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  1. Default Western USA in Mar/Apr/May

    I've got two months off from mid-March to mid-May this coming spring for a road trip. I'm driving down from Alaska and heading for warmer weather (trust me, no matter how cold it may be in the lower 48 it will still be warmer weather to me). But I'm having trouble figuring out what weather will be like around then on average in, well everywhere, but specifically California, Arizona, New Mexico, Utah, Colorado where I am loosely planning on spending the majority of my time. I can play with my departure dates as much as I want but I must be back in Fairbanks by the 25th of May at the absolute latest. Mostly I'll be sleeping in my car (not in AK or Canada when I head down to the states). That is what I did when I road tripped through Canada and northern USA last Sept/Oct/Nov so I'm used to sleeping out in the cold, but . . . Any suggestions on where to go, weather concerns, if I can find me some spring happening along the way and where.

  2. #2
    Join Date
    Mar 2005
    Tucson, AZ

    Default There are Five Climate Zones Within Twenty-Five Miles of My House

    Welcome aboard the RoadTrip America Forums!

    The area of the country you plan on driving through not only entails north-south changes in weather and climate, but up-down changes as well. The weather here on the desert floor in Tucson is distinctly different from that in the nearby Catalina Mountains, which house a ski resort. So trying to give you a weather report for a 6 state area 6 months in advance is impossible. Where I can direct you is to the Weather Channel. If you enter a city in the box at the top of their home page and the search for the 'average' or 'record' temperatures, you will get to a plot of average highs and lows and another of average monthly rainfall. That's the best anyone is going to be able to do for you this far out. As for traveling cheaply, be sure to have a read through these suggestions.


  3. #3

    Default Utah and Colorado

    Hello Scuttlebug,

    As to the first month of your trip, you'll probably want to think "low, and South" when Utah and Colorado come to mind. You can experience anything from bluebird Spring days to a 3' of snow blizzard at any elevation above approximately 5,000' from mid- March to mid- April. I would expect most campgrounds to be closed there and then, too. If experiencing warmer weather is one of the purposes of your trip, I'd start in the CA, AZ, and NM end of things and "follow the Spring" back north from there.

    Have a great time planning and taking your Road Trip.


  4. Default maping it out

    Thanks, AZBuck, for the link to the $ saving suggestions - I've used some of those methods but others are new ideas to me.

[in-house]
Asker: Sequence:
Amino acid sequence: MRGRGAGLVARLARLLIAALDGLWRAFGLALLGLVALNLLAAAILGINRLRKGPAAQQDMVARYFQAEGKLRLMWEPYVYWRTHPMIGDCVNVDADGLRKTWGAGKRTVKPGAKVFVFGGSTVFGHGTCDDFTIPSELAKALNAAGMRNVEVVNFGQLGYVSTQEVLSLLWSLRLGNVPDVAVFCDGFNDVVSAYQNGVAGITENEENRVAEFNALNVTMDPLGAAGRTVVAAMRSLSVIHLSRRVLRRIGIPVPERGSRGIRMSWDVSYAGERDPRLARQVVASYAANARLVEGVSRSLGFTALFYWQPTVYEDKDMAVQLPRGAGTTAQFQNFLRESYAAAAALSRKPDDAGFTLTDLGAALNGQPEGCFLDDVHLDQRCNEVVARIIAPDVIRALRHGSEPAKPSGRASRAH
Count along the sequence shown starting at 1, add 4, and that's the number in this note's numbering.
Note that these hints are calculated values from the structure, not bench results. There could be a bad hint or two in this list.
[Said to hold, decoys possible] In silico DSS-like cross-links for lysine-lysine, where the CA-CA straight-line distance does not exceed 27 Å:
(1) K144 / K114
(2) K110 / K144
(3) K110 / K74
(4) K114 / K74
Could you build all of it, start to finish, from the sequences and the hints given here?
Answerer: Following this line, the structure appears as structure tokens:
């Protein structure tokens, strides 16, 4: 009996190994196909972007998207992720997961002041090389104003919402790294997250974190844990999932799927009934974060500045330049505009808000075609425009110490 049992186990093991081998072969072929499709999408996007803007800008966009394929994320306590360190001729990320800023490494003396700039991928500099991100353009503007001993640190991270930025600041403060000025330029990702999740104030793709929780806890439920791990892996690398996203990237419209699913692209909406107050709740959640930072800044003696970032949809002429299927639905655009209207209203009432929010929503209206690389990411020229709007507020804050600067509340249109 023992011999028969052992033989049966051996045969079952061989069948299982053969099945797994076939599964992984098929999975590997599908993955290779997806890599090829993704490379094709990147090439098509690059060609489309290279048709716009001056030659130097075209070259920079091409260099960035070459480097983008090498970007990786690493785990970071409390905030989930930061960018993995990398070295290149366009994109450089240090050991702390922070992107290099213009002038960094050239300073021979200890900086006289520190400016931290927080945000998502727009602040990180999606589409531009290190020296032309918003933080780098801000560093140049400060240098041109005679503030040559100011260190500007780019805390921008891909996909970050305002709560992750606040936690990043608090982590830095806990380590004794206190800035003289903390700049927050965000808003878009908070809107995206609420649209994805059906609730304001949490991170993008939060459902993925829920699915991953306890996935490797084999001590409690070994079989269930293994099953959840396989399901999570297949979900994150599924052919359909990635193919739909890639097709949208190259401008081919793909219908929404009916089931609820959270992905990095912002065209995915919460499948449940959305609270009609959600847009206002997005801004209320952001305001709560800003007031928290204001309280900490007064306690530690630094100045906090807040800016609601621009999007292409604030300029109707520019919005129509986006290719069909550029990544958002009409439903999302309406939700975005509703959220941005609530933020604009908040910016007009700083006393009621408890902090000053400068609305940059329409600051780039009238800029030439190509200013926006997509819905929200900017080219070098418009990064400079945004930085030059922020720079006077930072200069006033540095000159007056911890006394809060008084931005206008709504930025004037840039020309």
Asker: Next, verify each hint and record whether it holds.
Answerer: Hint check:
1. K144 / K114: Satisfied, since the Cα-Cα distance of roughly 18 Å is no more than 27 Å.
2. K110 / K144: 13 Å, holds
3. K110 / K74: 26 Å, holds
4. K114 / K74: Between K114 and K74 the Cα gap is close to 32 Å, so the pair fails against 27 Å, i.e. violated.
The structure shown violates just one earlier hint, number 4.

I clearly need to get a map w/ a better view of elevations for thinking through my first month of travel at least. My grasp of geography leaves much to be desired but is being vastly improved by these trips. Any recommendations for a good map?

    Trying to get way south fastish and then working my way north was my idea, but it makes for some difficult planning of logical routes. Then again I was VERY bad at staying on my suppsedly planned route last time so I suspect I'll wander off any planned route before long.

  5. #5

    Default Simplistic mapping


    I would think any highway atlas from one of the 2 or 3 top publishers would be as good as anything for a basic resource. For closer-scale details, the DeLorme Publishing and Benchmark series of state-by-state map books are my "bibles" when it comes to planning and executing travel to new places. My first and only experience with Benchmark was the CA volume, and for the states Benchmark covers, it's now my much-preferred resource.

    Generalized planning with respect to elevation can be simplified somewhat with the highway atlases. Most will show National Forests as green or shaded areas. These are the mountain ranges for the most part. You'll often see peaks and passes marked even on the atlases. The major highways, for the most part, lie lower, down in the valleys. Sure, highways of all sorts must cross ranges from place to place, but for the most part the roads cross at the lowest practical place.

    The issue could become access to open campgrounds. Nat Forest, Nat Parks, Nat Monuments, and state and local parks tend to be in the mountains or hills, where forest provides shade, and where streams and lakes attract visitors. I would imagine few would be open in March/early April in CO and UT. There aren't a lot of facilities developed in the flats between ranges, at least in CO and UT. There's so much desert in southern CA, AZ, and NM I suppose the opposite is true there.

    Bottom line is I believe a good atlas can get you started, and the likes of Benchmark and DeLorme can zero you in close.

    Last edited by Mark Sedenquist; 09-06-2008 at 01:00 PM. Reason: typo

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